Common ways of increasing visibility are increasing the viewing area of the cab using panoramic glass, improved layout of auxiliary equipment (e.g., fuel tank), rationalization of seat location, use of rear view mirrors and so on.

Optimization of construction control elements is connected with the construction of the control mechanism’s drive. Along with hydraulic and electric drives, a new improvement is suspended control pedals. This allows improved access and increased driving comfort. Functional coding (by means of form, colour and/or symbolic signs) plays an important part in recognition of the control elements.

Rational layout of instrumentation (which comprises 15 to 20 units in modern tractors) requires taking into account further increases in indicators due to remote control of technological process conditions, automation of the driving and operating of the technological equipment.

The operator’s seat is designed to guarantee a comfortable position and effective driving of the machine and tractor assembly. Design of modern tractor seats takes into account anthropometric data of the human body. Seats have adjustable back and arms and can be adjusted according to the operator’s size, in both horizontal and vertical dimensions (figure 2).

Figure 2. Angle parameters of optimal work posture of a tractor driver

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Precautions against harmful working conditions for tractor drivers include means of protection against noise and vibration, microclimate normalization and airtight sealing of cabs.

Besides special engineering of the engine to reduce noise at its source, considerable effect is achieved by mounting the engine on vibration isolators, isolating the cab from the tractor body with the help of shock absorbers and a number of measures designed for absorption of noise in the cab. Flaky, sound-absorbing lagging with a decorative surface is applied for this purpose to cab wall panels, and rugs made of rubber and porolon are laid on the cab floor. Hard perforated panelling with an air gap of 30 to 50 mm is applied to the ceiling. These measures have reduced noise levels in cabs to 80–83 dBA.

The main means of damping low-frequency vibration in the cab is use of an effective seat suspension. Nevertheless, the effect of whole-body vibration damping achieved this way does not exceed 20 to 30%.

Agricultural ground levelling gives considerable opportunities for decreasing vibration.

Improvement of the microclimate conditions in tractor cabs is reached with the help of both standard equipment (e.g., fans with filter elements, thermo-insulating tinted glass, sun-proof cap peaks, adjustable louvers) and special devices (e.g., air conditioners). Modern tractor heating systems are designed as an autonomous assembly attached to the engine’s cooling system and using warmed water to heat the air. Combined air conditioners and air heaters are also available.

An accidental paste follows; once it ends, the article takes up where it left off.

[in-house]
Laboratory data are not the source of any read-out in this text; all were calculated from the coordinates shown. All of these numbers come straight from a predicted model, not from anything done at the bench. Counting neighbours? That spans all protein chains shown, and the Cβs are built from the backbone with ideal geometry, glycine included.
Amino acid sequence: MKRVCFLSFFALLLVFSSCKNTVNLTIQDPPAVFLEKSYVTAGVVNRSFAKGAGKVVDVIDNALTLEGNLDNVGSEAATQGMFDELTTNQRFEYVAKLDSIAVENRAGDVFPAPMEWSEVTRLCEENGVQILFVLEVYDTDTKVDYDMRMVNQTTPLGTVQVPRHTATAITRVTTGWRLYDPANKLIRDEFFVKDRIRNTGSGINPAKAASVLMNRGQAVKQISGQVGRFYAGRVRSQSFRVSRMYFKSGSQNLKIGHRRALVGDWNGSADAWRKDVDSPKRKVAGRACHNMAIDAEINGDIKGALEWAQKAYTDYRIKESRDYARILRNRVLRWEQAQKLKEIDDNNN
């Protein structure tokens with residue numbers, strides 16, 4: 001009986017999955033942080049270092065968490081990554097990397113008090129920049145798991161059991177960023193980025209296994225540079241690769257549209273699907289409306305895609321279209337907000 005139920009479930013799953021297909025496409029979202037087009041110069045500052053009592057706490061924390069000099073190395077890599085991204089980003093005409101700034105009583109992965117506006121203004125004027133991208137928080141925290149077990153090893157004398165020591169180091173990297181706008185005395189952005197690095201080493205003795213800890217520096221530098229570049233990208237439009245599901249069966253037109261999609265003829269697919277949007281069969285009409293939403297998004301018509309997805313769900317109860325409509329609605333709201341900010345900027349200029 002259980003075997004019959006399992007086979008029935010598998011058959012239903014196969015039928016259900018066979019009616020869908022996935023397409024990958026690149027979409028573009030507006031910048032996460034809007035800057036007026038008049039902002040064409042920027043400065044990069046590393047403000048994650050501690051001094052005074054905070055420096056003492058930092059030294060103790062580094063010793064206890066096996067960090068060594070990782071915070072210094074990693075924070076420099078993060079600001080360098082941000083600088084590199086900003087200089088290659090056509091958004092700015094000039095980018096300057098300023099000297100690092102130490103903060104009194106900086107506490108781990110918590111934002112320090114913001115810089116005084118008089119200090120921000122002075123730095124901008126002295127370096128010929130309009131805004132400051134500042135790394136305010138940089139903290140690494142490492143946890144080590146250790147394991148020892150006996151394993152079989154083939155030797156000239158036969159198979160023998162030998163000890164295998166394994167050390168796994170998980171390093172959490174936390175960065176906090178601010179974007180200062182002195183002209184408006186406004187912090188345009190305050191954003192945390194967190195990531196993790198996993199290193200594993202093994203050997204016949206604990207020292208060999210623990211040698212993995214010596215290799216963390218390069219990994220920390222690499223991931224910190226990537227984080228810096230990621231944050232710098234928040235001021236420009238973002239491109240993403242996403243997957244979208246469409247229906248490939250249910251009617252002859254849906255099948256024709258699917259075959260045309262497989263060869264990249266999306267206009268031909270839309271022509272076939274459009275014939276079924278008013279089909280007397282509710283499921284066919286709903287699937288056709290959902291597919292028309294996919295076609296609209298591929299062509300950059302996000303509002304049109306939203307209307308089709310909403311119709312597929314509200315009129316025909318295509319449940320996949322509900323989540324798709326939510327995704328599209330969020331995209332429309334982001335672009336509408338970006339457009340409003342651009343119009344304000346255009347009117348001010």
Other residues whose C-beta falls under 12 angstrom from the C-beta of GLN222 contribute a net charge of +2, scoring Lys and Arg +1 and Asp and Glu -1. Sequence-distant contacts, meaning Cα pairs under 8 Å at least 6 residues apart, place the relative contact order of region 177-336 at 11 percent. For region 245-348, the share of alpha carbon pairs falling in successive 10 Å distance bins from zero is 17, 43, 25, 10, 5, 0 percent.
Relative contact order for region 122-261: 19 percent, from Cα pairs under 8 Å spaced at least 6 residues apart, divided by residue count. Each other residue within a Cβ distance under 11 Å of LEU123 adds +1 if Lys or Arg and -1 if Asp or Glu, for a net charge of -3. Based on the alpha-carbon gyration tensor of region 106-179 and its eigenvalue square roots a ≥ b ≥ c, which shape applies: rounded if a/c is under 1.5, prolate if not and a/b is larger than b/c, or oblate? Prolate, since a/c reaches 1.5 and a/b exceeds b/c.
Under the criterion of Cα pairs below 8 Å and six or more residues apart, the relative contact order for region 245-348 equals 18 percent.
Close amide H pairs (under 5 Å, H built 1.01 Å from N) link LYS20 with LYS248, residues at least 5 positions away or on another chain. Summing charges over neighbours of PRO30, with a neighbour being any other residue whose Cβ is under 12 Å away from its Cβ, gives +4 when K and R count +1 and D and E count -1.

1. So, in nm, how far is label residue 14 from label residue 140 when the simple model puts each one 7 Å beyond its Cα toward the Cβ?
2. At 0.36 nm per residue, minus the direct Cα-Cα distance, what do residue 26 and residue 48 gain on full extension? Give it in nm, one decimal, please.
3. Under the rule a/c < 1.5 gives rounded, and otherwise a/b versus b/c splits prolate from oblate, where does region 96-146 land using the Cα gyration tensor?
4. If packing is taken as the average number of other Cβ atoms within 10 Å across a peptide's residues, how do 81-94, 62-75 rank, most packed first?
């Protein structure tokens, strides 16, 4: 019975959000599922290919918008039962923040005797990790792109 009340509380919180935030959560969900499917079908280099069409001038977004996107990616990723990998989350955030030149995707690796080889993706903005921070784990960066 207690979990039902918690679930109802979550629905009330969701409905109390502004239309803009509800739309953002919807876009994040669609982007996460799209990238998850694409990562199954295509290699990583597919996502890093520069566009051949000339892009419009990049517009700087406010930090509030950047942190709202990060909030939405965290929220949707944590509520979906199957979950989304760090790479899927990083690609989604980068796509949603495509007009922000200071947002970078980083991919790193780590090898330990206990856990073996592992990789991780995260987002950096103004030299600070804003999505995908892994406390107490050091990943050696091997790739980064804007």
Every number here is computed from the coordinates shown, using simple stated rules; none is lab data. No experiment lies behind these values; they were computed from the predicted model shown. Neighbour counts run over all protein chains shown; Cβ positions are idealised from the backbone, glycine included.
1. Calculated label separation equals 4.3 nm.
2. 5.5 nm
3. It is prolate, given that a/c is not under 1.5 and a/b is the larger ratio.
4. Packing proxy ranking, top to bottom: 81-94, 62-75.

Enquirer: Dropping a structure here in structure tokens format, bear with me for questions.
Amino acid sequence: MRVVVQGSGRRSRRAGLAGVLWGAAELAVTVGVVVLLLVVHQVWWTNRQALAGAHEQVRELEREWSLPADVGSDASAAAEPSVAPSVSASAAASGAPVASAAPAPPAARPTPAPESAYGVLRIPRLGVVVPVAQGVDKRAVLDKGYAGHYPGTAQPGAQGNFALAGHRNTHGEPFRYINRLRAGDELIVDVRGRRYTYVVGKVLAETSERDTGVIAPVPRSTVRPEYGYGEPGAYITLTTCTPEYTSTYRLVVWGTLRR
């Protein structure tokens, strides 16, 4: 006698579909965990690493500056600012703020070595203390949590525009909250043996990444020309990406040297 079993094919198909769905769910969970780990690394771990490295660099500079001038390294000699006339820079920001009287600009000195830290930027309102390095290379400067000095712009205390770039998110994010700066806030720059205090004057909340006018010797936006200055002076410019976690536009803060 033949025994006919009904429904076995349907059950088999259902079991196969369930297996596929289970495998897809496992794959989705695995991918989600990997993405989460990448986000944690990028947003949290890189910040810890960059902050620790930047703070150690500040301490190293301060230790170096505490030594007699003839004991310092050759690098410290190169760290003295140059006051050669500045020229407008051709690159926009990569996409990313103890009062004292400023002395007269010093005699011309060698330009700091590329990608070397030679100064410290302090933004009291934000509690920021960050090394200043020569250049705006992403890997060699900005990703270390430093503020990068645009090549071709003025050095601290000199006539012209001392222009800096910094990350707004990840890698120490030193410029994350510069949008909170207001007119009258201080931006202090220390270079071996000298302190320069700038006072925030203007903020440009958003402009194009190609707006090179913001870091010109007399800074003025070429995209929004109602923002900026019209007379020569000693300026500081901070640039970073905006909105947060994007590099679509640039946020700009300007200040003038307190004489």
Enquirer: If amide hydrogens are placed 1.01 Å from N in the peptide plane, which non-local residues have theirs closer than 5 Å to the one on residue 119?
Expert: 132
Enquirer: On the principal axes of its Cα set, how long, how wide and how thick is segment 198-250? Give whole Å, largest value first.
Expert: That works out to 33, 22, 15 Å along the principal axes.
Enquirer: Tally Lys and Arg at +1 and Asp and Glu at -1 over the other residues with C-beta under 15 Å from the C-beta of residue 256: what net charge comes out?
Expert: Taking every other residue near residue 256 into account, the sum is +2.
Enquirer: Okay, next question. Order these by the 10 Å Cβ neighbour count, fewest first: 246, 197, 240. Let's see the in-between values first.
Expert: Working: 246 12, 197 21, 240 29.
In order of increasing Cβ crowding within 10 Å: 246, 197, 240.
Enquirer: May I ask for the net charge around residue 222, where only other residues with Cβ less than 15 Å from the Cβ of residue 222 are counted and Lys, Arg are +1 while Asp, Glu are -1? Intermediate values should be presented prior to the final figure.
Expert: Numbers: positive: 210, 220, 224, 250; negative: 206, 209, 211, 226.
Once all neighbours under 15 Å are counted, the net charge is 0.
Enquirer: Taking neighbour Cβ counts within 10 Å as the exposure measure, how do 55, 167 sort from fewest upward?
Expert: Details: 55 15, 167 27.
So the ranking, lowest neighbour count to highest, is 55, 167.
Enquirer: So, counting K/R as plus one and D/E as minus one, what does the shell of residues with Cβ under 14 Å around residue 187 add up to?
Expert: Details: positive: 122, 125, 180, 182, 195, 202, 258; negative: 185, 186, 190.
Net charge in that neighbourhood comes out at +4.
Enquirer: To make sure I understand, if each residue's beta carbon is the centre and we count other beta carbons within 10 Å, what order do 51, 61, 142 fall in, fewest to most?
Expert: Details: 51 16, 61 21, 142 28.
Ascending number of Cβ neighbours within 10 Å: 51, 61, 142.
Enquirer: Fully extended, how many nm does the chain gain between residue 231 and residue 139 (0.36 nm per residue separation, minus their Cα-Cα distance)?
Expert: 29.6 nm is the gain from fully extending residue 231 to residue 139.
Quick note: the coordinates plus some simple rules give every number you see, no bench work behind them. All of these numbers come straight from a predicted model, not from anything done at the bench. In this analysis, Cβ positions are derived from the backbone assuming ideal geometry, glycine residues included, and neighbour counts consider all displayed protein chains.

Complex solutions of the problem of noise, vibration and heat isolation and sealing of cabs can be reached with the help of sealed cab capsules designed with suspended control pedals and wire rope systems of drives.

Ease of access to tractor engines and assemblies for their maintenance and repairs, as well as obtaining timely information about technical condition of certain units of the assembly, are important indices of the level of tractor operator working conditions. Eliminating the cab bonnet, forward inclination of the cab, detachable panels of the engine’s bonnet and so on are available in certain types of tractors.

In the future, tractor cabs are likely to be equipped with automatic control units, with television screens for observation of implements that are out of the operator’s field of vision and with units for conditioning of microclimate. Cabs will be mounted on outside rotary rods so they can be moved to a required position.

Rational organization of work and rest is of great importance for the prevention of fatigue and diseases of agricultural workers. In the hot season, daily routine ought to provide for working mainly in the morning and evening hours, reserving the hottest time for rest. During exhausting work (moving, hoeing), short regular breaks are necessary. Special attention has to be devoted to the rational, balanced nourishment of workers with due regard for the energy requirements of the tasks. Drinking regularly during the heat is of great importance. As a rule, workers drink traditional beverages (tea, coffee, fruit juices, infusions, broths and so on) in addition to water. Availability of sufficient amounts of wholesome liquids of high quality is very important.